This blog post has been bouncing around my head since I heard Cathy Theys (Twitter: @yesCT), Community Liason at Blackmesh speak about Drupal core mentoring at DrupalCorn in late July. Why? Because I saw immediate parallels between how Drupal relies on contributors to build and maintain its code and how statewide websites often rely on contributors to maintain the information on their websites. (Editor's note: Drupal core is the basic, out-of-the-box Drupal content management system; it relies on a large number of volunteer contributors to maintain and improve.)
Drupal core mentors “inspire, enable, and encourage new contributors” to address the many open issues that impact the Drupal core code base. To create Drupal 7, nearly 1,000 people contributed. Thanks at least in part to the core mentors that number more than tripled to over 3,300 to produce Drupal 8.
This post outlines some of the concepts from that presentation and how we at ILAO might implement technical solutions to help encourage new contributors to our legal information.
All Contributions Matter.
Just as Drupal has core committers who are responsible for overseeing Drupal core, we’ve all got those experts that we rely on for specific areas of our websites. But that doesn’t mean that there isn’t a role for other contributors who don't necessarily have substantive expertise. Whether it is writing code, triaging and cleaning up issues in the Drupal.org issue queue, or writing and editing documentation, it all matters. And the core mentors emphasis that.
During my first Drupal core sprint this July, I didn’t yet feel qualified to work on the Drupal 8 core code. So I joined a table of folks working on documentation. And last week, I had to go look for something about Drupal’s book module. I smiled when I saw the “last edited by gadaniels72” (me!) on the page from my work on that sprint.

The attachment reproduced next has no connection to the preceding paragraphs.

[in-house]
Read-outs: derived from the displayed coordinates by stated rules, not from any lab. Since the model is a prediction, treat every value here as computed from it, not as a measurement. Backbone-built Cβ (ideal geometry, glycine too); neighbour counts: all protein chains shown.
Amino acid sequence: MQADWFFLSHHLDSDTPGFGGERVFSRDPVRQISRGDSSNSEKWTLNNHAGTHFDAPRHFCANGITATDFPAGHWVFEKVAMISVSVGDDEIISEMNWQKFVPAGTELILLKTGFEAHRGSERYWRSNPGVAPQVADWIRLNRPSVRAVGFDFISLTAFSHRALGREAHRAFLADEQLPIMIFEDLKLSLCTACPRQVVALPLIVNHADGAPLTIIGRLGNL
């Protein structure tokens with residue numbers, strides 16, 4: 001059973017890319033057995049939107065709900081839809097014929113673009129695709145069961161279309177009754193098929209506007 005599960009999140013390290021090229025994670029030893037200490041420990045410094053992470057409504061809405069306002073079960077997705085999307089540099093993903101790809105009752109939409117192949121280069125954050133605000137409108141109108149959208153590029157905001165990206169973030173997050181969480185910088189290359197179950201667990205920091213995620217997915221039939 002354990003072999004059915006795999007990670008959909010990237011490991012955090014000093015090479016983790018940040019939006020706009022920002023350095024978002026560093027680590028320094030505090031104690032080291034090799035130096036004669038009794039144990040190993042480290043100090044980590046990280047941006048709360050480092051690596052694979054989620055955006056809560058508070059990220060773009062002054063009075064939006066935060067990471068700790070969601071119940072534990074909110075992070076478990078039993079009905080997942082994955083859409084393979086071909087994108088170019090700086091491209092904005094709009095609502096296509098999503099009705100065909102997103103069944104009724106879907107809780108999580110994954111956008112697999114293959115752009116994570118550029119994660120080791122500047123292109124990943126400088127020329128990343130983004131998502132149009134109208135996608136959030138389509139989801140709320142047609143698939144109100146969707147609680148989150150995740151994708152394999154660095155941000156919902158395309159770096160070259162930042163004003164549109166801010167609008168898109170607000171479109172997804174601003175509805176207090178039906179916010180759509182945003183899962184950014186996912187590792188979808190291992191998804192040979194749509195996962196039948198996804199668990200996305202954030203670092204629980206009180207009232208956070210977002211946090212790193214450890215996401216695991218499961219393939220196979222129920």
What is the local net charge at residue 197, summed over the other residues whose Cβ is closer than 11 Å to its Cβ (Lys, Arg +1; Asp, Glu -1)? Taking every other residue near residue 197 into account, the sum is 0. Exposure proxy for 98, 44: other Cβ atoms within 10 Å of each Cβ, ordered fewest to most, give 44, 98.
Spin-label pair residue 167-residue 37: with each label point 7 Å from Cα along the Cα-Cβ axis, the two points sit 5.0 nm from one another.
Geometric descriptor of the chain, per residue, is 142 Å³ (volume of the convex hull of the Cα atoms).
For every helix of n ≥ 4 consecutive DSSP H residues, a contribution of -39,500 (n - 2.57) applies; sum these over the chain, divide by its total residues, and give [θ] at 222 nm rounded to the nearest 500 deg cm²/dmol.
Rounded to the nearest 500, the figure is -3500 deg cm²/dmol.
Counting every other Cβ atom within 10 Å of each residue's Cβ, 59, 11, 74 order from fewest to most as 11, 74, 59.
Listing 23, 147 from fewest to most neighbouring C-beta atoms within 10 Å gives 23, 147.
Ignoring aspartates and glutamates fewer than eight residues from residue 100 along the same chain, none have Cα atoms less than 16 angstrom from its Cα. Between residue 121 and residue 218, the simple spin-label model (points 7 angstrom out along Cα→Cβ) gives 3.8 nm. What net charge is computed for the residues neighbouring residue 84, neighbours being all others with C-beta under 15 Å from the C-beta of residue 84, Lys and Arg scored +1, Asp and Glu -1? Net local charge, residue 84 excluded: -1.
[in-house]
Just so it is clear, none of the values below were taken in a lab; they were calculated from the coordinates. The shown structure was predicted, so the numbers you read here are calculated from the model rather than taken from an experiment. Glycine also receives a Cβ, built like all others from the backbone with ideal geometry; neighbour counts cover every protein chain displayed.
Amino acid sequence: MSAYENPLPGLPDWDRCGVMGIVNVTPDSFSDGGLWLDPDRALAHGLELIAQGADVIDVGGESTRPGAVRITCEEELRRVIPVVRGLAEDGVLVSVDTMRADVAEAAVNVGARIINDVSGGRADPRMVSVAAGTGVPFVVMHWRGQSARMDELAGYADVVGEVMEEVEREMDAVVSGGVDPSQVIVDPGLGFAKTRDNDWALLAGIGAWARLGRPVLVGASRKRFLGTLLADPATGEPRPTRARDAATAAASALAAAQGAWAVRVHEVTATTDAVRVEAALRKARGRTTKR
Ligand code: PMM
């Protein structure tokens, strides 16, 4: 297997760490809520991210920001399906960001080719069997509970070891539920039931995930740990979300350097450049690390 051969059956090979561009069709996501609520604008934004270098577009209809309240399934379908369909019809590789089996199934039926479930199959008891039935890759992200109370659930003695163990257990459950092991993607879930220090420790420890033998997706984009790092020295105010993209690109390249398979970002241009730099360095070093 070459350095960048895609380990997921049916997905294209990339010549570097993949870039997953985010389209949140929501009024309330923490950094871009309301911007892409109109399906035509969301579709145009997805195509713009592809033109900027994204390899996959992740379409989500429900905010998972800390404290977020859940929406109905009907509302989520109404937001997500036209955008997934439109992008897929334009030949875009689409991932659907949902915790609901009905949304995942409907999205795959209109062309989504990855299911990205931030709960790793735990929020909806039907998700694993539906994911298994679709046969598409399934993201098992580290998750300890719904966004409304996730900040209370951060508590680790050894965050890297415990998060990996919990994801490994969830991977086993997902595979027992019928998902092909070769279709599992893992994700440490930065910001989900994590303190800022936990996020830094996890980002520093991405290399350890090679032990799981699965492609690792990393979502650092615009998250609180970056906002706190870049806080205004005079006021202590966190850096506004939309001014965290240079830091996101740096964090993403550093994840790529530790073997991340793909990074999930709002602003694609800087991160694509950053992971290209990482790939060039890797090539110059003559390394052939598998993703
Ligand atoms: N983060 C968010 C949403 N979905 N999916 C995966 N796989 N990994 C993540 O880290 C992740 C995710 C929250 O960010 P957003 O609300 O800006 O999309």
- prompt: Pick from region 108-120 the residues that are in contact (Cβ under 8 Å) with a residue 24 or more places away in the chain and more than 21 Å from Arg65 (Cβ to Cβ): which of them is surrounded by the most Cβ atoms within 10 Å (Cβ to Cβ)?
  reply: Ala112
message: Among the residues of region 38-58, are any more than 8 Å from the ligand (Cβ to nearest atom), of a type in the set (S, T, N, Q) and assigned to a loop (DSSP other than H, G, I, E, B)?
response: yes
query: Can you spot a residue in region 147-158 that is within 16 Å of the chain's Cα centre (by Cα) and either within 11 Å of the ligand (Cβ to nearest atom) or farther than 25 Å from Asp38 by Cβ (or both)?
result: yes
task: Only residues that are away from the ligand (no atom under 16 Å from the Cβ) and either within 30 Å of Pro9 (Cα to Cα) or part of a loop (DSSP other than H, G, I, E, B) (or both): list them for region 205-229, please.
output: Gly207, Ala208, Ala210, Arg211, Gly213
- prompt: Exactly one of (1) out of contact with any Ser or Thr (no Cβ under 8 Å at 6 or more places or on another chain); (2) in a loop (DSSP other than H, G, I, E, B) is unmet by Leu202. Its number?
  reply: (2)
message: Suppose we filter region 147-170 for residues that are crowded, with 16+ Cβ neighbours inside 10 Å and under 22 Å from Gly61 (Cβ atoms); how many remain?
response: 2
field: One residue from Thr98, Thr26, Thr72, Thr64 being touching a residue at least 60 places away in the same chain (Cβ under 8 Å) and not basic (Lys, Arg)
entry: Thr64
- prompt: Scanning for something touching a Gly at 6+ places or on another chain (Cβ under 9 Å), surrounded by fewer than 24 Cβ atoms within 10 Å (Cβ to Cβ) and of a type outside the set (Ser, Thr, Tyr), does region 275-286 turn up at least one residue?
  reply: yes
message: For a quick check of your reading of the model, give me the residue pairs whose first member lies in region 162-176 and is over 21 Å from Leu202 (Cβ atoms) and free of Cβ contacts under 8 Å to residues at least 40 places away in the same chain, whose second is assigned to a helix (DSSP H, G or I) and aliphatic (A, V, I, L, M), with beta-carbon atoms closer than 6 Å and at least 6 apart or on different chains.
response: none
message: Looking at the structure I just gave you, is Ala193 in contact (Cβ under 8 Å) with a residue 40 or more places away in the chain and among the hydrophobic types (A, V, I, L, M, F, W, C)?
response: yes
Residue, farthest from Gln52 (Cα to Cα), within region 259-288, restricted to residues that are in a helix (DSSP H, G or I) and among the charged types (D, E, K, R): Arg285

In our rebuild, ILAO is looking at ways to give users the ability to earn permissions to edit our content and move it forward in the publication process. If a user has shown that they are good at copy editing or plain language reviews or translating, let’s give them permission to do that directly in the website. It won’t happen with version 1, but as I write code around our workflow system, it’s in the back of my mind.
The Drupal community does things to recognize new contributions. At sprints, they’ll publicly commit code from someone who has never committed a patch before. (Editor's note: I don't know what this means, but it sounds like something that deserves three cheers: HIP-HIP-HORRAY!) In rooms that may have experts and frequent committers, to highlight the work of someone brand new demonstrates to the room that the work of newcomers is important to the project. In addition, everyone who has an account on Drupal.org has a publicly accessible profile as well as a more private dashboard. Anyone can see what a user has worked on and how they contribute to the Drupal community, including any commits they’ve made or contributed modules they've worked on. A contributor can also track the issues that they work on and care about most. (If we translate this concept into the Statewide websites world, this might mean that a contributor with a special interest in adoption might choose to track relevant content.)